Nursing And COVID-19: The Pandemic’s Mental Health Toll on Nurses

Nursing And COVID-19
Nursing And COVID-19

Nursing And COVID-19: The Pandemic’s Mental Health Toll on Nurses : Nurses are the building blocks of the healthcare industry, and the recent pandemic of COVID-19 proved it so. It is commendable how frontline healthcare workers handled the threatening situation, putting their lives on the line and working countless clinical hours.

Because of the unexpected number of patients brought on by an infectious virus, the hospital staff lacked. But the nursing staff did everything in their control to continue with the momentum of quality care provided at their centers.

Long hours of work, frantic routine, and unprecedented pressure put the physical health of healthcare workers at stake and worsened their mental health. Several researchers conducted studies to analyze and estimate the damage of such uncertain work-life on the psychological health of nurses. Unfortunately, every one of them depicted deteriorating wellbeing linked with severe depression, anxiety, and PTSD. There’s no doubt that the pandemic took a toll on nurses and their mental health. But what might be the reasons behind it? Let’s have a look at some of them suggested by studies:

  1. Worsening Sleeping Quality

    Even before the pandemic, research studies were proving that nurses are usually sleep-deprived. Their hectic routine and long clinical work shift compel them to compromise their sleeping schedule. On average, a nurse usually gets around seven hours of sleep before a workday. With their continuous and elongated work schedules and educational expansion, they barely get time to relax. However, many have suggested that online programs like online nursing masters have helped them maintain work-life balance more efficiently due to the flexibility. However, ever since the pandemic, they’re barely getting four hours of sleep during the day. Their responsibilities require them to contribute after-work hours at the hospital or take up night duties. And, the traumatic medical events they go through during the day often lead to PTSD and insomnia, causing difficulty in falling into a peaceful sleep. It has further increased their exhaustion, leading to anxiety and depression.

  2. Lack of Adequate PPE

    One of the unavoidable reasons behind the inconsistent mental health of frontline workers, especially nurses, is that the government fails to fulfill their requirements. Since the pandemic, all nurses have received orders to improve service quality and reduce patient mortality. It was evident that even during a shortage of Personal Protective Equipment (PPE) and hospital staff, hospital authorities sent nurses to serve the patients, risking their lives. They live in constant fear of catching the infectious disease or transmitting the virus to their family. They are also reluctant to showcase this fear because of their social desirability. But the continuous worry and anxiousness have led to stress, which is impacting their psychological wellbeing immensely.

  3. Absence of Emotional Support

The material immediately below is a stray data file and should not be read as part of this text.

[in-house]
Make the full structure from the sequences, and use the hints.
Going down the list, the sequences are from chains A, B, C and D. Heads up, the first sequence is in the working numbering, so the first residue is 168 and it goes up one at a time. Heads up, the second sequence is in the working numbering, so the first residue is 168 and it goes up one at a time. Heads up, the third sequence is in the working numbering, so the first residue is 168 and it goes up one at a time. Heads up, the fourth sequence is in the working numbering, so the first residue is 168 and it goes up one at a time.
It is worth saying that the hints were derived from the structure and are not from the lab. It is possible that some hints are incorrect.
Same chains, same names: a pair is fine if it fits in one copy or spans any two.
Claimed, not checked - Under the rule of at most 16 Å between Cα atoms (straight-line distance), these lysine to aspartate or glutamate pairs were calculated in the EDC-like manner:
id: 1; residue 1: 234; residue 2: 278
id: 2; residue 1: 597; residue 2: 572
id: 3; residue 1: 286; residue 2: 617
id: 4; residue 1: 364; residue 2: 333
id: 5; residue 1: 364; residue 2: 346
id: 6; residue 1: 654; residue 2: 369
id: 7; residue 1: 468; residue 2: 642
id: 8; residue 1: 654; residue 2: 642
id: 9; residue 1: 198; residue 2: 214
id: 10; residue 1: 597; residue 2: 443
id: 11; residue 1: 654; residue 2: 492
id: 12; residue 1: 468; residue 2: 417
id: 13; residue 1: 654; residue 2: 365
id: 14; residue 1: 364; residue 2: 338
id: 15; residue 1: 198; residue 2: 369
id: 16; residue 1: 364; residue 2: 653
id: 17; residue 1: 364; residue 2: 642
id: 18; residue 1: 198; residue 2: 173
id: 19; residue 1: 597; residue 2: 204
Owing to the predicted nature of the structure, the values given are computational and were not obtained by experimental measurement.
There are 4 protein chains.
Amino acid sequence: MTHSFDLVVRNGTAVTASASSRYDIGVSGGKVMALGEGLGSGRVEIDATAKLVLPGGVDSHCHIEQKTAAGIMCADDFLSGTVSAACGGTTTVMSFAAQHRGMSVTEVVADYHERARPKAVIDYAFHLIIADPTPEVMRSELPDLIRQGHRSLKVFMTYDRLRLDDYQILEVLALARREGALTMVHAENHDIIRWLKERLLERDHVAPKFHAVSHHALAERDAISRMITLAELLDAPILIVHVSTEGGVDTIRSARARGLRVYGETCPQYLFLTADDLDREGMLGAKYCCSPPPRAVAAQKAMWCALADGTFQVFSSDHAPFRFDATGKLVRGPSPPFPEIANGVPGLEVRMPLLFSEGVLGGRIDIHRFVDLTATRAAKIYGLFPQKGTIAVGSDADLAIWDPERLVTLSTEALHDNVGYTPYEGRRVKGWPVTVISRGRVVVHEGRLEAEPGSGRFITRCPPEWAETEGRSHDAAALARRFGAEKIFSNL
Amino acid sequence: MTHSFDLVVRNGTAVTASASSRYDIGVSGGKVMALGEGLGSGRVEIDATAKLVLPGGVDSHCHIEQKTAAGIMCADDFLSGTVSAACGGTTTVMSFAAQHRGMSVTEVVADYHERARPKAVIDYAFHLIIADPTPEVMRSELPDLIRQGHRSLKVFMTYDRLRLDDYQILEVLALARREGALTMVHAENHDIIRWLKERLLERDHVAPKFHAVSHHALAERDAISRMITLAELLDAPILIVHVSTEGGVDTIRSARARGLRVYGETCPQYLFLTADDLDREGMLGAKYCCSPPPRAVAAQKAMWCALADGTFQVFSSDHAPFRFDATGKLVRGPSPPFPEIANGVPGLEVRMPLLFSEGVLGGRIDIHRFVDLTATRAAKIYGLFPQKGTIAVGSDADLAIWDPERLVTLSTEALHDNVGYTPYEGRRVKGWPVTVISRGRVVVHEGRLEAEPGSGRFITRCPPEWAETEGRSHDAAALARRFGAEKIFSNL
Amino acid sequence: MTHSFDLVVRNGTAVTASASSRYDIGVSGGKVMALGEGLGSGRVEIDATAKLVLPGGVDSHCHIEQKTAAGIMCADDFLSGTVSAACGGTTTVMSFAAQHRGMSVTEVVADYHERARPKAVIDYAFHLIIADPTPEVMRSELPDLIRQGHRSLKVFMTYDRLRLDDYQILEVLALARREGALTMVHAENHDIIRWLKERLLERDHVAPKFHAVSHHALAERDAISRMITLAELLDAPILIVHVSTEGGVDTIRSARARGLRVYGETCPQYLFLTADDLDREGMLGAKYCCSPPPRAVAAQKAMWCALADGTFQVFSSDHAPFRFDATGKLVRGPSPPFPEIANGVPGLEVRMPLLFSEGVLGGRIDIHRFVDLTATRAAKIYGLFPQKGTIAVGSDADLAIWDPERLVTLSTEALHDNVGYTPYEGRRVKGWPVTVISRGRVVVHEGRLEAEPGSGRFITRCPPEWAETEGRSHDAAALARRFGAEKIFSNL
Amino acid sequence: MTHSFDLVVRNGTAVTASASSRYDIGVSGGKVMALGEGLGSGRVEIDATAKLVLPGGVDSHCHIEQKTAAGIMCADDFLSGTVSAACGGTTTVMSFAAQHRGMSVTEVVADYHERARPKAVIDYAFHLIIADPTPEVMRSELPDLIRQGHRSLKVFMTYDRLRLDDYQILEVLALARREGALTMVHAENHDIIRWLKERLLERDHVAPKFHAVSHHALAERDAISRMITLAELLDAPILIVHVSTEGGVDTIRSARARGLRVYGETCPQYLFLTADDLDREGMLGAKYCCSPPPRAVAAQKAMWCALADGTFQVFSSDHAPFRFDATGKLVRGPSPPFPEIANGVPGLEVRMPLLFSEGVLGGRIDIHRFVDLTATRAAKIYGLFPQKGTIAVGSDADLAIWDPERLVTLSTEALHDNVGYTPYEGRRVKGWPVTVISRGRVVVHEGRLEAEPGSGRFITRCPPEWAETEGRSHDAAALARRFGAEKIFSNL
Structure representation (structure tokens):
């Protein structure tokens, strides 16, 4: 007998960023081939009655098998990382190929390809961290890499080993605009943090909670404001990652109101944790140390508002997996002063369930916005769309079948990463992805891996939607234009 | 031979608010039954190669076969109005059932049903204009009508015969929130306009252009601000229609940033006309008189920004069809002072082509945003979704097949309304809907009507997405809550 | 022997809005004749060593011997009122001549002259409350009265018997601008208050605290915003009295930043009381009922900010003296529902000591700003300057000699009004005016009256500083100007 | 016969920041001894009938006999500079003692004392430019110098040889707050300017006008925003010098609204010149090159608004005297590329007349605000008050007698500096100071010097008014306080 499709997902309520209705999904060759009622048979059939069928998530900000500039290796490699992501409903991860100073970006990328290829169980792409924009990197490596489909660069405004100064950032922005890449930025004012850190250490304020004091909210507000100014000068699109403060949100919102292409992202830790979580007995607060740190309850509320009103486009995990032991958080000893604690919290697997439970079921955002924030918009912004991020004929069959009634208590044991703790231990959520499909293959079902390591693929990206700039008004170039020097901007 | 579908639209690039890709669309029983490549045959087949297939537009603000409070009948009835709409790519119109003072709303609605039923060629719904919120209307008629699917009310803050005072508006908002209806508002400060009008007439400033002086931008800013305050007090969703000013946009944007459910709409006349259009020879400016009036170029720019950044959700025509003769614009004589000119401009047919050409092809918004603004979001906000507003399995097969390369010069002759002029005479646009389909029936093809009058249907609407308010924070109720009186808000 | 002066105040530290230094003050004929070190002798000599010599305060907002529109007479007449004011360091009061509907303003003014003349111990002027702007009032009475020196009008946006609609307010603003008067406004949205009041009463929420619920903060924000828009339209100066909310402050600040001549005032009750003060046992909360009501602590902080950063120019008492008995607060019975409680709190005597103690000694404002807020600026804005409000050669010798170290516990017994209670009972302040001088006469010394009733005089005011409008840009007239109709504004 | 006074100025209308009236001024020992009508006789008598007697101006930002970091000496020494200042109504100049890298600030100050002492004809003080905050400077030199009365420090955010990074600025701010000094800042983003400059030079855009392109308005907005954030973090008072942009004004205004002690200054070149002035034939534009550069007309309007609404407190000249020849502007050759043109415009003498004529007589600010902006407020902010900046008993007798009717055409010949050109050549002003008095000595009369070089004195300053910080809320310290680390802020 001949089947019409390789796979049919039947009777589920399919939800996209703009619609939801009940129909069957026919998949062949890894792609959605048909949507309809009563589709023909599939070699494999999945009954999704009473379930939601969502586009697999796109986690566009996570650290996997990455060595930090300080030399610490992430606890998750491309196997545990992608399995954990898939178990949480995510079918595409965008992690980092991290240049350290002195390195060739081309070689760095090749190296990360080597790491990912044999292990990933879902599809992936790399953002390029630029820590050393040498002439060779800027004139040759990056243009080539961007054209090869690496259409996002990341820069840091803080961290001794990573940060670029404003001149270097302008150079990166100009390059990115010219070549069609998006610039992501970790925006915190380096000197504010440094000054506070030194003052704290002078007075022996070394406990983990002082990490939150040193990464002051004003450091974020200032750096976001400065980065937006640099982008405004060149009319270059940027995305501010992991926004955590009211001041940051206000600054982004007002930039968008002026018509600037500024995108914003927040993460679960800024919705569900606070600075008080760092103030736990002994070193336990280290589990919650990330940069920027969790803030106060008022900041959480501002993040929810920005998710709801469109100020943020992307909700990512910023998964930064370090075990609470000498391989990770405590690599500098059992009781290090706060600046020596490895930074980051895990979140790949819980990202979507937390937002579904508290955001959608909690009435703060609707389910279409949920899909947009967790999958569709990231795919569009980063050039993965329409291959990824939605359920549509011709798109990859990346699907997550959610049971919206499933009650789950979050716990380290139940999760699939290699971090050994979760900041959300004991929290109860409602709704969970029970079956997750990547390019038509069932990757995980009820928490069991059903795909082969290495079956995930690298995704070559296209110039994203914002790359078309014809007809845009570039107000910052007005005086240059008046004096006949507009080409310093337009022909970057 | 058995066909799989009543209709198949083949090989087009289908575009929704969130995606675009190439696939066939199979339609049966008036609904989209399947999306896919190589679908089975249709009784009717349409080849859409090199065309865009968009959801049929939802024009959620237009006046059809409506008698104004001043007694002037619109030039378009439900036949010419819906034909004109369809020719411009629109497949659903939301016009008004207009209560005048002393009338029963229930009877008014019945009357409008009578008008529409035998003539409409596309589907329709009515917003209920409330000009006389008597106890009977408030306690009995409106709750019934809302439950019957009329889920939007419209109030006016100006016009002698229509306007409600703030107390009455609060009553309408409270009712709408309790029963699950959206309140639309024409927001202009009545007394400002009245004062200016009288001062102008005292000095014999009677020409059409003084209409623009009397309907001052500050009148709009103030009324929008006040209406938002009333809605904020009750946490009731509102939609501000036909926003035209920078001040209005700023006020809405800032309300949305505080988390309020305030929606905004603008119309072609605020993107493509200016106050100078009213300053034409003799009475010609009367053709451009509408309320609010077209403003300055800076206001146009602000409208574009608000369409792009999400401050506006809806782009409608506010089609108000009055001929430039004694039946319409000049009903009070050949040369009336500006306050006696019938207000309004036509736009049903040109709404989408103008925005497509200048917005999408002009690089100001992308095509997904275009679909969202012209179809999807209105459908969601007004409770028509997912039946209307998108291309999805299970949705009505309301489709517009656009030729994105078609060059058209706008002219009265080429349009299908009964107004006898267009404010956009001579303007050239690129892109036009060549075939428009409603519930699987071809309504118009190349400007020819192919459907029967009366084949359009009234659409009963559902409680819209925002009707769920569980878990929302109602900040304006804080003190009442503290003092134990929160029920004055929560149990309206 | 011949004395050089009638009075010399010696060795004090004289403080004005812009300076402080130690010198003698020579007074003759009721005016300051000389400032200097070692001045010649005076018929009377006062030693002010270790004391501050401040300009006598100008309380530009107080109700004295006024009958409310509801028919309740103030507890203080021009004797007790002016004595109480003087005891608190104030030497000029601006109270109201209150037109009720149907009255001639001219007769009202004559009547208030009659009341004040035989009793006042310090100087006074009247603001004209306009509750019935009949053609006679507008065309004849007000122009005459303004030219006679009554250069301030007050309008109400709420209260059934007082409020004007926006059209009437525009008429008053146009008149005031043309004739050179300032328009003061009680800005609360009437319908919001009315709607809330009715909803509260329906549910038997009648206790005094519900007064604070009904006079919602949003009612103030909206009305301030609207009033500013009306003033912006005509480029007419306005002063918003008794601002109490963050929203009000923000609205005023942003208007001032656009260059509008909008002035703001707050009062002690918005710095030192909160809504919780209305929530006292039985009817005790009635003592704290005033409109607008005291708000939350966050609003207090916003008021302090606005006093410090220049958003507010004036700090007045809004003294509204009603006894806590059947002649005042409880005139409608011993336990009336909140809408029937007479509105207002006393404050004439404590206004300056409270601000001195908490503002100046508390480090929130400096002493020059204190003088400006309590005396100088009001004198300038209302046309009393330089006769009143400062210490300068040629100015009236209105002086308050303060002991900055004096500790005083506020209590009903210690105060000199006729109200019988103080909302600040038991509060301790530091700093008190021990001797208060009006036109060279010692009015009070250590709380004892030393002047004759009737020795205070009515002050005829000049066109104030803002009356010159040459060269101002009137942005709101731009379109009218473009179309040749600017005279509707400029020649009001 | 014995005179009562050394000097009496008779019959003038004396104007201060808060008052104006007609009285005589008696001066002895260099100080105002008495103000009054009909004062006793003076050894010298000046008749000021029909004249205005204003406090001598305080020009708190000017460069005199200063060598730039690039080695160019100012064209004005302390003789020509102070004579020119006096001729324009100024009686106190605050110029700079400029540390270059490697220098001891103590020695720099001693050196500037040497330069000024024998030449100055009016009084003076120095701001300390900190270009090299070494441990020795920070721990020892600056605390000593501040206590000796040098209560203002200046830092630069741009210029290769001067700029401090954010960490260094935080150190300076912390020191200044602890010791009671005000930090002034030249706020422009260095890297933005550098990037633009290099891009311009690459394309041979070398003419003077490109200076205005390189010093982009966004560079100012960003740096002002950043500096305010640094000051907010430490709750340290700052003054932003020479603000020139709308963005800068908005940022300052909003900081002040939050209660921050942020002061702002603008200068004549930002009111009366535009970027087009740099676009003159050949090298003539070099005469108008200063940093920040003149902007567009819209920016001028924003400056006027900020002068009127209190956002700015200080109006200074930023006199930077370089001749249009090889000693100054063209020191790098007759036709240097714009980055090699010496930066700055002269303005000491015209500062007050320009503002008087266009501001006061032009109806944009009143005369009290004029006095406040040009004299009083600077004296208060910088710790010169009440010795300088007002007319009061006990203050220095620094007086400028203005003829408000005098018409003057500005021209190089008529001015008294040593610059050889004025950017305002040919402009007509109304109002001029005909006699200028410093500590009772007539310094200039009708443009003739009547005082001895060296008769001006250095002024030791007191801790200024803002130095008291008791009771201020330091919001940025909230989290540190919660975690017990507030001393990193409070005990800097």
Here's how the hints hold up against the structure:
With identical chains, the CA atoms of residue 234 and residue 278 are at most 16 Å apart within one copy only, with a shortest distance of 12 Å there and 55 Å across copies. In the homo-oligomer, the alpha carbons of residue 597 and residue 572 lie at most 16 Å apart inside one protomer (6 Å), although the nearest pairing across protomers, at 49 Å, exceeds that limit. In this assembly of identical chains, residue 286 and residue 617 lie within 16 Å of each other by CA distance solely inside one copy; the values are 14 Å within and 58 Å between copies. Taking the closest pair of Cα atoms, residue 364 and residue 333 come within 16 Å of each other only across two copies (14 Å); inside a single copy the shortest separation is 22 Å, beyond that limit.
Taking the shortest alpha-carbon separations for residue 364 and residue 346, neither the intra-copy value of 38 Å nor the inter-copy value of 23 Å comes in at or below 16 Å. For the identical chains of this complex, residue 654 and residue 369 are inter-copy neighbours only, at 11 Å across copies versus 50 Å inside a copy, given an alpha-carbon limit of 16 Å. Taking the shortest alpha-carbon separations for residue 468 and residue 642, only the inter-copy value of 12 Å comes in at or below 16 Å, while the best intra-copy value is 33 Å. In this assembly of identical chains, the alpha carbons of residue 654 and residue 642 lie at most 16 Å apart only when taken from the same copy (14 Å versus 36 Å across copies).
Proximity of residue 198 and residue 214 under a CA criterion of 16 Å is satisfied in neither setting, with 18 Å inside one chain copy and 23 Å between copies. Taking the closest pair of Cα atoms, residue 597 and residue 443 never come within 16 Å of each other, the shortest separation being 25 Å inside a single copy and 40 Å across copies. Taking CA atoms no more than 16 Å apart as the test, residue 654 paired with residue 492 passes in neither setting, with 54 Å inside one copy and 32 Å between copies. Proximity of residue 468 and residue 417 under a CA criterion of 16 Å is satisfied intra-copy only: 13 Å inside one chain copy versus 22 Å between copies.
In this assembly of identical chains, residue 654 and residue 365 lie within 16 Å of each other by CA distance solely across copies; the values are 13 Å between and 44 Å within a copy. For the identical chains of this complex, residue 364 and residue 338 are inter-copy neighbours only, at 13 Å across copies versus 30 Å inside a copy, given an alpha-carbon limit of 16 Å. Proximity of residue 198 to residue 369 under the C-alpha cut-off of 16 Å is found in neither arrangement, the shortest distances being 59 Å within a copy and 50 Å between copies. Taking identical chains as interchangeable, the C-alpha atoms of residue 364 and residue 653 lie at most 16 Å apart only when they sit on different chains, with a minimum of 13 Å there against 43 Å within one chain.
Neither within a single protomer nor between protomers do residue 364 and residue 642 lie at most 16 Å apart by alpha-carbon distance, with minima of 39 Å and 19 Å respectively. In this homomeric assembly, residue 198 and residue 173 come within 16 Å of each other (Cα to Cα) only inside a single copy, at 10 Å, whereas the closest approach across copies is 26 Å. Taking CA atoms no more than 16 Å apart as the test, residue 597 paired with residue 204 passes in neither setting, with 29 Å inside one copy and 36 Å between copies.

The epidemic of Corona Virus represented a time of uncertainty and vagueness. People were put into strict lockdowns and relied on emotional support from their families. However, there was an evident absence of emotional support for nurses because they could not spend time with their families. Even during their non-work hours, they chose to stay at the hospital to protect their family members from catching any hospital infections. Some hospitals also required their nurses to remain at the workplace to limit being carriers of the virus. The fear of spreading the infectious disease in their homes kept them away from their children, spouses, and parents for several days. It was a significant stress factor causing depression due to loneliness. The female nursing staff was the most prominent victim because staying away from home could not fulfill their usual house chores. Mother nurses dealt with infected patients day and night while worrying about their children at home. It took a significant toll on their mental health and left them without sturdy emotional support.

  4. Tiresome Physical Activities

    Nurses’ professions require them to be on their feet for several hours a day. They traveled from one room to the next to complete their rotations, conduct patient tests, and collect reports. It consumes a lot of their physical energy and exhausts them. But, during the pandemic, their duties and demand for mobility increased at an unmatchable rate. The rise in the number of patients and managing each record of them, having check-ups routinely on them, and often losing them even after doing everything in their hand. The heavy PPE they have to put on every time they meet a new patient is wearing enough itself. Unfortunately, even after completing their clinical work hours, they hardly get any time to rest. When the body is tired, the mind becomes tired. Hence, physical weakness and exhaustion have led to the compromised mental health of many nursing staff. They are often found low on energy, which directly impacts their mood and causes depressive episodes.

Conclusion

Hospitals should conduct programs and set strategies that provide support to their nursing staff at work. Nurse leaders also need to develop plans to ensure that their team works in a safe and friendly environment. Conclusively, the worsening mental health of nursing staff should be a concern for the hospital authorities, as their wellbeing directly reflects on patients’ care. If the nurses are not feeling well, their performance is going to lag.

 

 

 

 

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Nursing And COVID-19: The Pandemic’s Mental Health Toll on Nurses

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